Ray Tucker is one of Center for Council’s senior trainers. A former law enforcement officer, Ray leads Council trainings for incarcerated men in prisons across California as part of our Inmate Council Project. He has also trained numerous professional organizations in the Southern California region, helping them to integrate elements of the Council practice into their company culture. We sat down with Ray to learn a bit more about how he first found the Council practice, and what propelled him to want to become a Council trainer.
Center for Council: What was it that encouraged you to make the shift from working in law enforcement to facilitating Council circles?
Ray Tucker: In January of 1994, I had an experience as a police officer, that no academy ever trains you for. They train you to shoot, but they don’t train you to know what it feels like to shoot someone. They cannot prepare you for what that experience is like. For the next five or six months, I wasn’t able to talk to anyone about how that incident affected me and impacted my life as a police officer as well as my personal life. I carried that experience with me. My work ethic declined, I started showing up late for work, sometimes I didn’t bring my weapon home. There were times when I went to work with no bullets in my gun.
I went through a period of not being able to make decisions in my life, big or small. I couldn’t even decide what clothes to wear. I didn’t feel like I had a safe place to go to talk about what I was experiencing. I didn’t feel like I could share with other officers what I was going through, so I didn’t say anything to anybody. About a year later, after much thought, I decided that it wasn’t safe for me, or for my fellow officers, to continue working on the force, so I retired.
In 1995, I was looking for an ethnically diverse middle school for my daughter. One of the schools I was considering, Palms, had just started a Council program the year prior, which really interested me. In my research before enrolling her in that school, I had the opportunity to sit in a parents’ Council circle. At the end of that Council I felt so connected to the parents and so connected to the school itself. I decided to send her there and join the Council program as an intern to learn how to facilitate Council circles in the school myself. I’ve been doing Council ever since that time.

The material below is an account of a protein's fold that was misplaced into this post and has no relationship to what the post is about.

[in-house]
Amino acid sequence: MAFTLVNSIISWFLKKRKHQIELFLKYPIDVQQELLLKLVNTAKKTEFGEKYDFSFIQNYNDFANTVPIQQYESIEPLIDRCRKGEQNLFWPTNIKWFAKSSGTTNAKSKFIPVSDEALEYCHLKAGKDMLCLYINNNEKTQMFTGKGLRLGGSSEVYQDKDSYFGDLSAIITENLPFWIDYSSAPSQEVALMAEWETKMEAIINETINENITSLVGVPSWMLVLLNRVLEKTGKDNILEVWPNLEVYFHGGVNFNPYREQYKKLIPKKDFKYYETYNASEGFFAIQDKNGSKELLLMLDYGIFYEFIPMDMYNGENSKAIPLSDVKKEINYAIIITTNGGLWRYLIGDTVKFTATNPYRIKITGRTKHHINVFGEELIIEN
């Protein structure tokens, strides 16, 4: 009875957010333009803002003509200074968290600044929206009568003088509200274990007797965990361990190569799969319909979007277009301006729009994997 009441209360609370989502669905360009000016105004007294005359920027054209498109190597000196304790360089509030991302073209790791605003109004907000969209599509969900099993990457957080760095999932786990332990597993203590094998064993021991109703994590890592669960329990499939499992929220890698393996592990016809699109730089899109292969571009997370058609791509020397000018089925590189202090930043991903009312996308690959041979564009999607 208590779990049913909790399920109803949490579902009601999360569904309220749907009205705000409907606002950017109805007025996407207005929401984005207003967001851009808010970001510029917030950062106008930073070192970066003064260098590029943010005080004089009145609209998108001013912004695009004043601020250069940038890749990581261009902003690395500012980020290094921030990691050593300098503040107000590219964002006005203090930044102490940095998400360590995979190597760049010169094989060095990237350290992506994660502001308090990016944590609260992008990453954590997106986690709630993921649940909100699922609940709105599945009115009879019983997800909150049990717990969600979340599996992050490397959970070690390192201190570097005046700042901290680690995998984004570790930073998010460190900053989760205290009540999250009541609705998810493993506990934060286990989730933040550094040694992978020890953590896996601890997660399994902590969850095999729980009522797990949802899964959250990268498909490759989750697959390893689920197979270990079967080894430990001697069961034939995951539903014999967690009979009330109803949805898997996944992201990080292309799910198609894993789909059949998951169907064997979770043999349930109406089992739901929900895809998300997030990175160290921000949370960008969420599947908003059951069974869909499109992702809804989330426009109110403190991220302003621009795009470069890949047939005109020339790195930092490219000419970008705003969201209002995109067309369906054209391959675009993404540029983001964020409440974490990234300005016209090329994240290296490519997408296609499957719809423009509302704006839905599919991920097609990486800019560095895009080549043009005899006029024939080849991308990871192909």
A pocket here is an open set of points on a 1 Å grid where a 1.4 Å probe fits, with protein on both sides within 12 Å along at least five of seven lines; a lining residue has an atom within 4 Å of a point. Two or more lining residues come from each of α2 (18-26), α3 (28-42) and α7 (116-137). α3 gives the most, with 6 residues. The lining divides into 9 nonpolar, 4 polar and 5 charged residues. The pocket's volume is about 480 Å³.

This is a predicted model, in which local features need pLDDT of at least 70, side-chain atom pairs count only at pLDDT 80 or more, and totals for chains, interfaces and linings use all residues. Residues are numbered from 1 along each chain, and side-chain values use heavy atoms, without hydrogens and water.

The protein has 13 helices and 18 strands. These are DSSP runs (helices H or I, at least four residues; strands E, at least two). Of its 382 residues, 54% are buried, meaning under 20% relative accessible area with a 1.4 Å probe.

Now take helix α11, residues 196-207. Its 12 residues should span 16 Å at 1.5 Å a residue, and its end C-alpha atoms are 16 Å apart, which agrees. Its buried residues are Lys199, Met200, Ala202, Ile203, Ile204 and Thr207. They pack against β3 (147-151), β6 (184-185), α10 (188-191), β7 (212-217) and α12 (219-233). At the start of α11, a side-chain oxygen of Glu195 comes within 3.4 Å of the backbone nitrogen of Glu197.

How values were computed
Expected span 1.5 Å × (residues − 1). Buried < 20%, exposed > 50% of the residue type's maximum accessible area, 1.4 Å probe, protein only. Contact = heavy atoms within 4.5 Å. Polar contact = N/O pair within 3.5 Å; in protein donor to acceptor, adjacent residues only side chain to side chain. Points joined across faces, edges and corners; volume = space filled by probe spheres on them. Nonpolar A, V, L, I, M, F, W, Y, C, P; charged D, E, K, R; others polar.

What drew you to become a Council trainer?
Since I had retired from law enforcement, I was looking to do something that would make a difference in the lives of young people. A really positive difference.
In addition to the regular parents Council at Palms, all 6th and 8th graders were also participating in Council. I would sit in the classroom and observe the Council circle with students and learn from the experienced facilitator that was leading it. After about two years of interning, I became a co-director of the Council program at Palms.
Did you feel that something shifted in you after that first Council circle, or as you began to understand the practice more?
I don’t know if something changed in me, but Council spoke to me. I immediately felt how amazing it was to listen to the stories of others and realize how connected we are even though we don’t know one another.
After being involved in Council, I truly believe that, if there had been a program available for officers that allowed them to openly talk about what was going on and what they were going through, I could have stayed in law enforcement. Council would have been an opportunity for me to really verbalize and express what I was actually going through. I think having a program like Council could be so beneficial to officers who might be going through something similar, or might just need a way to be more deeply connected to one another.
What did you daughter think of Council? Did she take to the practice as well?
She took to it immediately. It helped her integrate into the middle school experience in a healthy way. I think Council helped her find her voice and learn about other people in an organic environment. She was able to develop friendships and relationships with people she didn’t know before. At that time at the school, it was 30% African American, 30% Caucasian, 30% Hispanic, and 10% other so it was a really rich opportunity for her to learn about other people with other backgrounds.
What was the Council practice like in schools? Did the students enjoy it?
It built a culture of caring amongst the students and a sense of being connected not only to one another but also to the staff and teachers, because the teachers were able to share their stories in the Council circle as well.
One weekend someone sprayed graffiti in the school and when the kids came back and saw it they were really upset about it. The student who had done the graffiti happened to be in my Council circle. We held a Council about the incident, both for the students who were angry about what had happened and for him as well. He was able to come and sit in Council and talk about what he did and why he did it, and it really helped the kids heal around the incident because they were able to hear his story. It was so beneficial for him too, to have the courage to share that story and have his story be accepted by his peers. It was really healing for everyone.
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